In conclusion, these data provide a foundation for future studies on potential treatment options for large esophageal defects in animals. Future studies should determine the normal physiologic pressure of the esophagus and leak pressures following insertion of a section of jejunum into the esophagus with simultaneous evaluation of both cranial (oral) and caudal (aboral) anastomoses. Other factors that can be investigated are factors such as tension and movement that can affect healing of the anastomoses. Investigation of in vivo factors and their effects on the integrity of esophageal-jejunal anastomoses and healing of the anastomoses with histological evaluation will be important before the clinical application of esophageal replacement surgery in small animals.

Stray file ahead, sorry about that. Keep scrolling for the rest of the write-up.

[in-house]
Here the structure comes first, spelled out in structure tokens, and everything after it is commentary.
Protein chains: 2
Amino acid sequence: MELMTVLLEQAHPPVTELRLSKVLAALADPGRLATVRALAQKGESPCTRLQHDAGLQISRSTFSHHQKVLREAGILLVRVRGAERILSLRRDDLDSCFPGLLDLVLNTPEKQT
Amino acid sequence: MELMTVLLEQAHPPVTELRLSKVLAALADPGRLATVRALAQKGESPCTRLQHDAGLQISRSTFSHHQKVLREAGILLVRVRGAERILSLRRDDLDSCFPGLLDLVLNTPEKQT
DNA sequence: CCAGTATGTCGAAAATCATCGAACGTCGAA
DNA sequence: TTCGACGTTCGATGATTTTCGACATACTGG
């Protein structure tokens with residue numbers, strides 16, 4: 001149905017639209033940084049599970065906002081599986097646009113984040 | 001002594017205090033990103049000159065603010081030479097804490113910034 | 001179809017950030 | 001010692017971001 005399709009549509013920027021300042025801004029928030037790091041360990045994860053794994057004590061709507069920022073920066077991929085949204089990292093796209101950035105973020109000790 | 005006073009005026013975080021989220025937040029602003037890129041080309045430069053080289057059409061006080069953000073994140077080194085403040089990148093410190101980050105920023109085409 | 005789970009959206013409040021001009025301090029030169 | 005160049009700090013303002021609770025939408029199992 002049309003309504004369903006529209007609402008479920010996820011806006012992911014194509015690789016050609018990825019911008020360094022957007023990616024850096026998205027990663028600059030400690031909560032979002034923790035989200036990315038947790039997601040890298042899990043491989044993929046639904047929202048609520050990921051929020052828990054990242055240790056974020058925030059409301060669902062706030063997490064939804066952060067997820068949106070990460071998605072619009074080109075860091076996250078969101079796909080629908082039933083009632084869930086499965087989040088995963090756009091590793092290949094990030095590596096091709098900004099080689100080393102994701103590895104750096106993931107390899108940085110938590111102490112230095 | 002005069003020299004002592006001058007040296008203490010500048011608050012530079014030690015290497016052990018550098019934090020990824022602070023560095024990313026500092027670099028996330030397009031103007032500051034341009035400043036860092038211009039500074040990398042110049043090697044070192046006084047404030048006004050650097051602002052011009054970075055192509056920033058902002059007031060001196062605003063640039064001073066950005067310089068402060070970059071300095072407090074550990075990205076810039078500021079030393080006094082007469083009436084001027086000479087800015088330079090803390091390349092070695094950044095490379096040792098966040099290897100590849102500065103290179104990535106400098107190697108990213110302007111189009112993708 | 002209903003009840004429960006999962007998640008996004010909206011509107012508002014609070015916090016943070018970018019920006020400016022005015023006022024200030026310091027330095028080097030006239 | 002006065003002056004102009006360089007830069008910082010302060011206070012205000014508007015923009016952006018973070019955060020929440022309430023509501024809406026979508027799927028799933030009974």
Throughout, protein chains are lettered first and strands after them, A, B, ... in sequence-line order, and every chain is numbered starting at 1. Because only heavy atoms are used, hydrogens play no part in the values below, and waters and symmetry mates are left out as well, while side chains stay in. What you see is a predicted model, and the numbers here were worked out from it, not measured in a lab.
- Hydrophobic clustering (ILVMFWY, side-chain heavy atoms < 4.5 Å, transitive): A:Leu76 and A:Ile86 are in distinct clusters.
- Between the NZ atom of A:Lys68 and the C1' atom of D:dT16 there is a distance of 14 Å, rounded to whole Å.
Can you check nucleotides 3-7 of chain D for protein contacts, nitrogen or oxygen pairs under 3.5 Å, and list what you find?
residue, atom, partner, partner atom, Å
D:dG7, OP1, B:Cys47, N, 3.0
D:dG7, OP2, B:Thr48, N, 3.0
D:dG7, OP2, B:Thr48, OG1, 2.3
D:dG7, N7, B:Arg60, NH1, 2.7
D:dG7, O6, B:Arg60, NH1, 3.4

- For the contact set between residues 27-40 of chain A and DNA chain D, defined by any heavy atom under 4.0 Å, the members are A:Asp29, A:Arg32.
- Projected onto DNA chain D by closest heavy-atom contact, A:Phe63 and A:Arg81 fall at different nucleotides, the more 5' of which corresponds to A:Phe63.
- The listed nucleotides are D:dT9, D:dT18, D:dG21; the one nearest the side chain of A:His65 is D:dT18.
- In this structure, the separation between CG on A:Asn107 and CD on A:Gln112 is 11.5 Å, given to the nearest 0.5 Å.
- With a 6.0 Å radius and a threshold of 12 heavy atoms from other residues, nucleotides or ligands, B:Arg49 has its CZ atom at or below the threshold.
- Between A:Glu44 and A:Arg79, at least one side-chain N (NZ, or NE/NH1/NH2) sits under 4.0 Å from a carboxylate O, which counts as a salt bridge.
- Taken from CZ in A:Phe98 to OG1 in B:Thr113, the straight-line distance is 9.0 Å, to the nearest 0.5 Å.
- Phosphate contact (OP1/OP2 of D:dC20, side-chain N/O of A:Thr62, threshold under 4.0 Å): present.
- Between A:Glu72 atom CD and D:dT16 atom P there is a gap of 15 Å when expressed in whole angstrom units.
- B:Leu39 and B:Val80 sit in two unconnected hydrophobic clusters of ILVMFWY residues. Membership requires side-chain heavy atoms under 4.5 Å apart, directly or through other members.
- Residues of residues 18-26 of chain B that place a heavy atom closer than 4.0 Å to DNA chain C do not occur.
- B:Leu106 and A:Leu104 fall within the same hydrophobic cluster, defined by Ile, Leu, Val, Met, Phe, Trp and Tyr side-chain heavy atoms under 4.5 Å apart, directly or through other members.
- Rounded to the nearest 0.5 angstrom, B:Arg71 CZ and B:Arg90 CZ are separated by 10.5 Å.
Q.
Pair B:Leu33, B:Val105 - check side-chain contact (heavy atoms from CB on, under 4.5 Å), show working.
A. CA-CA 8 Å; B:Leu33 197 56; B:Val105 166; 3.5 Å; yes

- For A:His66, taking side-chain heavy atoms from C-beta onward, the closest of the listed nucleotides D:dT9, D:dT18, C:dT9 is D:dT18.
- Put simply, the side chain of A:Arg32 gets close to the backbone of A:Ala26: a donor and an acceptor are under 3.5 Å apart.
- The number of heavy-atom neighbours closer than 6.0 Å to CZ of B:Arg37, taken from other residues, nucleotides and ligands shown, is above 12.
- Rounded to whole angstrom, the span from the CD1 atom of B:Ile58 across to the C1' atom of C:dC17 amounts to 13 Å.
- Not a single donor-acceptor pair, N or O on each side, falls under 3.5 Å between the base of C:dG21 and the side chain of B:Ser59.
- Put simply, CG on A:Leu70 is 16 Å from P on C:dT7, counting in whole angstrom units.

Conflict of interest

The authors declare no conflict of interest.

Fig. 1.
Experimental setup for anastomoses using cadaveric pig esophagus (*) and jejunum (). Cranial segments were attached to the ring stand on the right, whereas caudal segments were attached to the ring stand on the left. (A) esophageal-esophageal anastomosis; (B) cranial esophageal-jejunum anastomosis; and (C) jejunal-caudal esophageal anastomosis after infusion of lactated Ringer’s solution. There is fluid accumulation (black arrow) on the ventral aspect of the anastomosis indicating leakage.
Fig. 2.
Box and whisker plot of the leak pressures (mmHg) for the esophageal-esophageal (Group1), cranial esophageal-jejunal (Group 2), and jejunal-caudal (Group 3) anastomoses.
Fig. 3.
Box and whisker plot of the leak pressures (mmHg) for Group 1 and groups 2 and 3 combined.


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Devin P. Cunningham

John R. Middleton

F.A. Mann